It's hard to imagine that anyone would have a problem signing such an innocent and basic pledge. A second petition at Gay Day, however, is having a much harder time getting signatures. Ilaeka Villa, a self-described "straight liberal woman" who moved to Rhea County to be near her mother, is running a petition drive to oust the county commission. She wants the commissioners to resign, and has two signature lists backing her up--a fairly long one from out-of-county residents, and a short one with Rhea County names. So far, she's only gotten about 70 county residents to sign (28,400 people live in the county). "This county is ruled by fear," Villa confides. "But there are closet Democrats. And people I did not expect to be supportive, are." Most people she talks to, in fact, are supportive but refuse to put their name down. But she's gotten quite a few angry phone calls at home, telling her to go back to France--Villa has dual residency from a previous marriage--or worse. "The calls I'm getting are unbelievable," she says.

A group of college students from the nearby fundamentalist William Jennings Bryan College--"a highly ranked, nationally competitive college that puts Christ above all"--wander around the park with wagons, each one carrying a cooler full of water bottles on ice. They offer the water to a skeptical crowd. Most accept the water, but inspect the bottles carefully, and wonder aloud if it's poisoned. The Christian kids assure them it's not--they just want to be neighborly.

The rest of the day is neighborly, and lazy. People register to vote, sink queers from Knoxville in the dunk tank, eat funnel cakes and hot dogs, and listen to acoustic guitar acts. Professors from the Christian college chat with gays who drove in from out of state, and they have friendly religious arguments. Bacon's family stops by, her mother proudly holding an award Bacon got from a Texas gay rights group. By the end of the day, Thompson has counted 883 attendees. Bacon slumps down at a picnic table near her friends selling T-shirts and reports that she even got a few job offers. One is in Knoxville, she says, doing construction. The other would involve traveling to other events like this, and handing out fliers. She seems excited by the prospect of an out-of-town job, especially after Gay Day. If the residents had been mad at her before the event--the city didn't let her hold a parade, citing safety and security concerns, and others complained that Gay Day was scheduled too closely to the county's revered Strawberry Festival--surely they weren't likely to forgive her on Monday, even if Gay Day had been trouble-free.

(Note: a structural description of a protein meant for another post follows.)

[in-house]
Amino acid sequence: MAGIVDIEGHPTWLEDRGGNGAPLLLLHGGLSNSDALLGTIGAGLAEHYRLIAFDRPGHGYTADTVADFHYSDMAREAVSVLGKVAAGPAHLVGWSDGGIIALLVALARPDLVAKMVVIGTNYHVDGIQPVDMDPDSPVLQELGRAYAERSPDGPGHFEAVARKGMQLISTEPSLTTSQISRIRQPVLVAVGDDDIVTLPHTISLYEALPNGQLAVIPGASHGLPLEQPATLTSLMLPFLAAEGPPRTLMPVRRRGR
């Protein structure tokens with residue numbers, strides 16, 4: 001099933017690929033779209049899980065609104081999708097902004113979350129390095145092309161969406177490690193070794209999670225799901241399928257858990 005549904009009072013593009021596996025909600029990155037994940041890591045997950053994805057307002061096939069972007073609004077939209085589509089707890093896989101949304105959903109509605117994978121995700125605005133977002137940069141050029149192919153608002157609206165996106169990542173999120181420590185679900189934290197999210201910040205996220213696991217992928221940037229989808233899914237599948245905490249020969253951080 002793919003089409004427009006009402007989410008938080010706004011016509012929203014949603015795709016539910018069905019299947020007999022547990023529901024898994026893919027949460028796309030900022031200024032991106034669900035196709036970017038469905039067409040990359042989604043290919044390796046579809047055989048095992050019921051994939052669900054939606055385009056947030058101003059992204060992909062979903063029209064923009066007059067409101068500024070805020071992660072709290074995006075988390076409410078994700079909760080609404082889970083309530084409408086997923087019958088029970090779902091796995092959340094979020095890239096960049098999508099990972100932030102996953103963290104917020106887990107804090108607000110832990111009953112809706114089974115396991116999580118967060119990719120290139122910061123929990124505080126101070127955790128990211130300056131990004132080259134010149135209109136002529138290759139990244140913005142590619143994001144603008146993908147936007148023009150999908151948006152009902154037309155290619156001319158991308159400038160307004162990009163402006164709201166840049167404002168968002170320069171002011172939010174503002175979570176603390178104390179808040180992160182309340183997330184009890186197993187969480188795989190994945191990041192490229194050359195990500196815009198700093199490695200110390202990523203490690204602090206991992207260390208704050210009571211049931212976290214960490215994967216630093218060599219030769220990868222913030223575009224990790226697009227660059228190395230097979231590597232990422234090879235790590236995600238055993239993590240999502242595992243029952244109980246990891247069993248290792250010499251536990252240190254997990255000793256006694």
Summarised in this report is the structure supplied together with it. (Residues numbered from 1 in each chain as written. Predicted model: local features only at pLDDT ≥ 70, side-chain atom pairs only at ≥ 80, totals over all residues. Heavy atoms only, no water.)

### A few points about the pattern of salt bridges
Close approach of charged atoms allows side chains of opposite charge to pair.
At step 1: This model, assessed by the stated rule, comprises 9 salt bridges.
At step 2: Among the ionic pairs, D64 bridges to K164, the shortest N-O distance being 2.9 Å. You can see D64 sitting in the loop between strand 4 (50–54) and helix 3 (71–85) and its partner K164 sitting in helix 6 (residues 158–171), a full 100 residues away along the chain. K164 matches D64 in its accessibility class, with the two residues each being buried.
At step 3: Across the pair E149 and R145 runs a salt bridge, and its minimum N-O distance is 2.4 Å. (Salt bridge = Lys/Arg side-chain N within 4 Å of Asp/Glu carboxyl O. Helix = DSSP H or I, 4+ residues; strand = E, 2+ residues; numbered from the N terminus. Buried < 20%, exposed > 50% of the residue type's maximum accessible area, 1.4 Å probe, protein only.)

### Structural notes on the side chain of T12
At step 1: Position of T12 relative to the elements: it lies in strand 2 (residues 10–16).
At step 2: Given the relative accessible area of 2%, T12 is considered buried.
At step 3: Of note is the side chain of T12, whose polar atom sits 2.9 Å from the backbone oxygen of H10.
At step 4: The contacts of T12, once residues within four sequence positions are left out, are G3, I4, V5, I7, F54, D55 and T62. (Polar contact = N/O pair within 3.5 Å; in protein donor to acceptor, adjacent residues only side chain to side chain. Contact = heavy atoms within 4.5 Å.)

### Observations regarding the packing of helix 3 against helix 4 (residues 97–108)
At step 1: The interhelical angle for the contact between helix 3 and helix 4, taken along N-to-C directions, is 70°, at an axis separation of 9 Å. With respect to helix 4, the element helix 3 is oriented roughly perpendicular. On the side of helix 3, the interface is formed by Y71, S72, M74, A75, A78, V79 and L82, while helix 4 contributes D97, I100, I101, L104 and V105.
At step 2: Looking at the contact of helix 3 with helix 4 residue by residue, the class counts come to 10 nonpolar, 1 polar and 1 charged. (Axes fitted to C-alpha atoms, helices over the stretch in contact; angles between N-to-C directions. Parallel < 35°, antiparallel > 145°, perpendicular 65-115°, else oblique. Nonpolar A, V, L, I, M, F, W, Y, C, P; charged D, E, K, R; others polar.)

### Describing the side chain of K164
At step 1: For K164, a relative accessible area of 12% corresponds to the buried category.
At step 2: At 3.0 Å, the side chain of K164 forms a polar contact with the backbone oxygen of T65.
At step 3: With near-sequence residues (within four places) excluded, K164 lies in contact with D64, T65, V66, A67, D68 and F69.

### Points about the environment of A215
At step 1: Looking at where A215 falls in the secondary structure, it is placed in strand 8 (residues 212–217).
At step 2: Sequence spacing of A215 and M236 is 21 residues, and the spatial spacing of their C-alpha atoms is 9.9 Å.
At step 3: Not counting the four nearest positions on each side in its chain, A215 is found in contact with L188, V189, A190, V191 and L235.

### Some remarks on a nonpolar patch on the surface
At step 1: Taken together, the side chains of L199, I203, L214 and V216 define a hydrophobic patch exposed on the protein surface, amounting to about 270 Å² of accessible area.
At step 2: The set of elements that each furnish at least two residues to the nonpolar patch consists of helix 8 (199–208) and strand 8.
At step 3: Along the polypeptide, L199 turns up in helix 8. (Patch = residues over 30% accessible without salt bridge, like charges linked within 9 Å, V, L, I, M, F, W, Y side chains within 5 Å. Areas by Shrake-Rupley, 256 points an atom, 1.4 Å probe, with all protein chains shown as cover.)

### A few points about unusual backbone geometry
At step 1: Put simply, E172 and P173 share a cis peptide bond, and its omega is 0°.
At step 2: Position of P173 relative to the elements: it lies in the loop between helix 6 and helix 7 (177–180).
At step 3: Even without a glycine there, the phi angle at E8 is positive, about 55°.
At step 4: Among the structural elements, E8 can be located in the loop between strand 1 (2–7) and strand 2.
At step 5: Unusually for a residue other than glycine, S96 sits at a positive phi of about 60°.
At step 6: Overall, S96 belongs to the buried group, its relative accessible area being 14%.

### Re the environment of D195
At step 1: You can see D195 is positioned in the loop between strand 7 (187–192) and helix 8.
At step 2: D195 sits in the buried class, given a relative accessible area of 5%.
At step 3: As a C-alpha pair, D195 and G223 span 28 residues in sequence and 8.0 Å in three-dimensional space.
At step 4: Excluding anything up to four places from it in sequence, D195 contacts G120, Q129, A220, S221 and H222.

Nearly two months after Gay Day, other queers in Rhea County--many of whom had been closeted before the event--have been struggling to keep the momentum of Gay Day going by forming a new pride group. They're also struggling to pay leftover bills from the event, and they're facing an upcoming vote against gay marriage at the county commission--apparently, the vote J. C. Fugate meant to propose in the first place. None of them have the experience of fighting back against political moves, so they've resorted to infighting via e-mail. Bacon has, for the most part, stepped aside. She's focusing on looking for work in Knoxville--"I am still jobless," she says--and keeps making the long commute to Thompson's place in Chattanooga. She tends to skip Dayton as much as possible.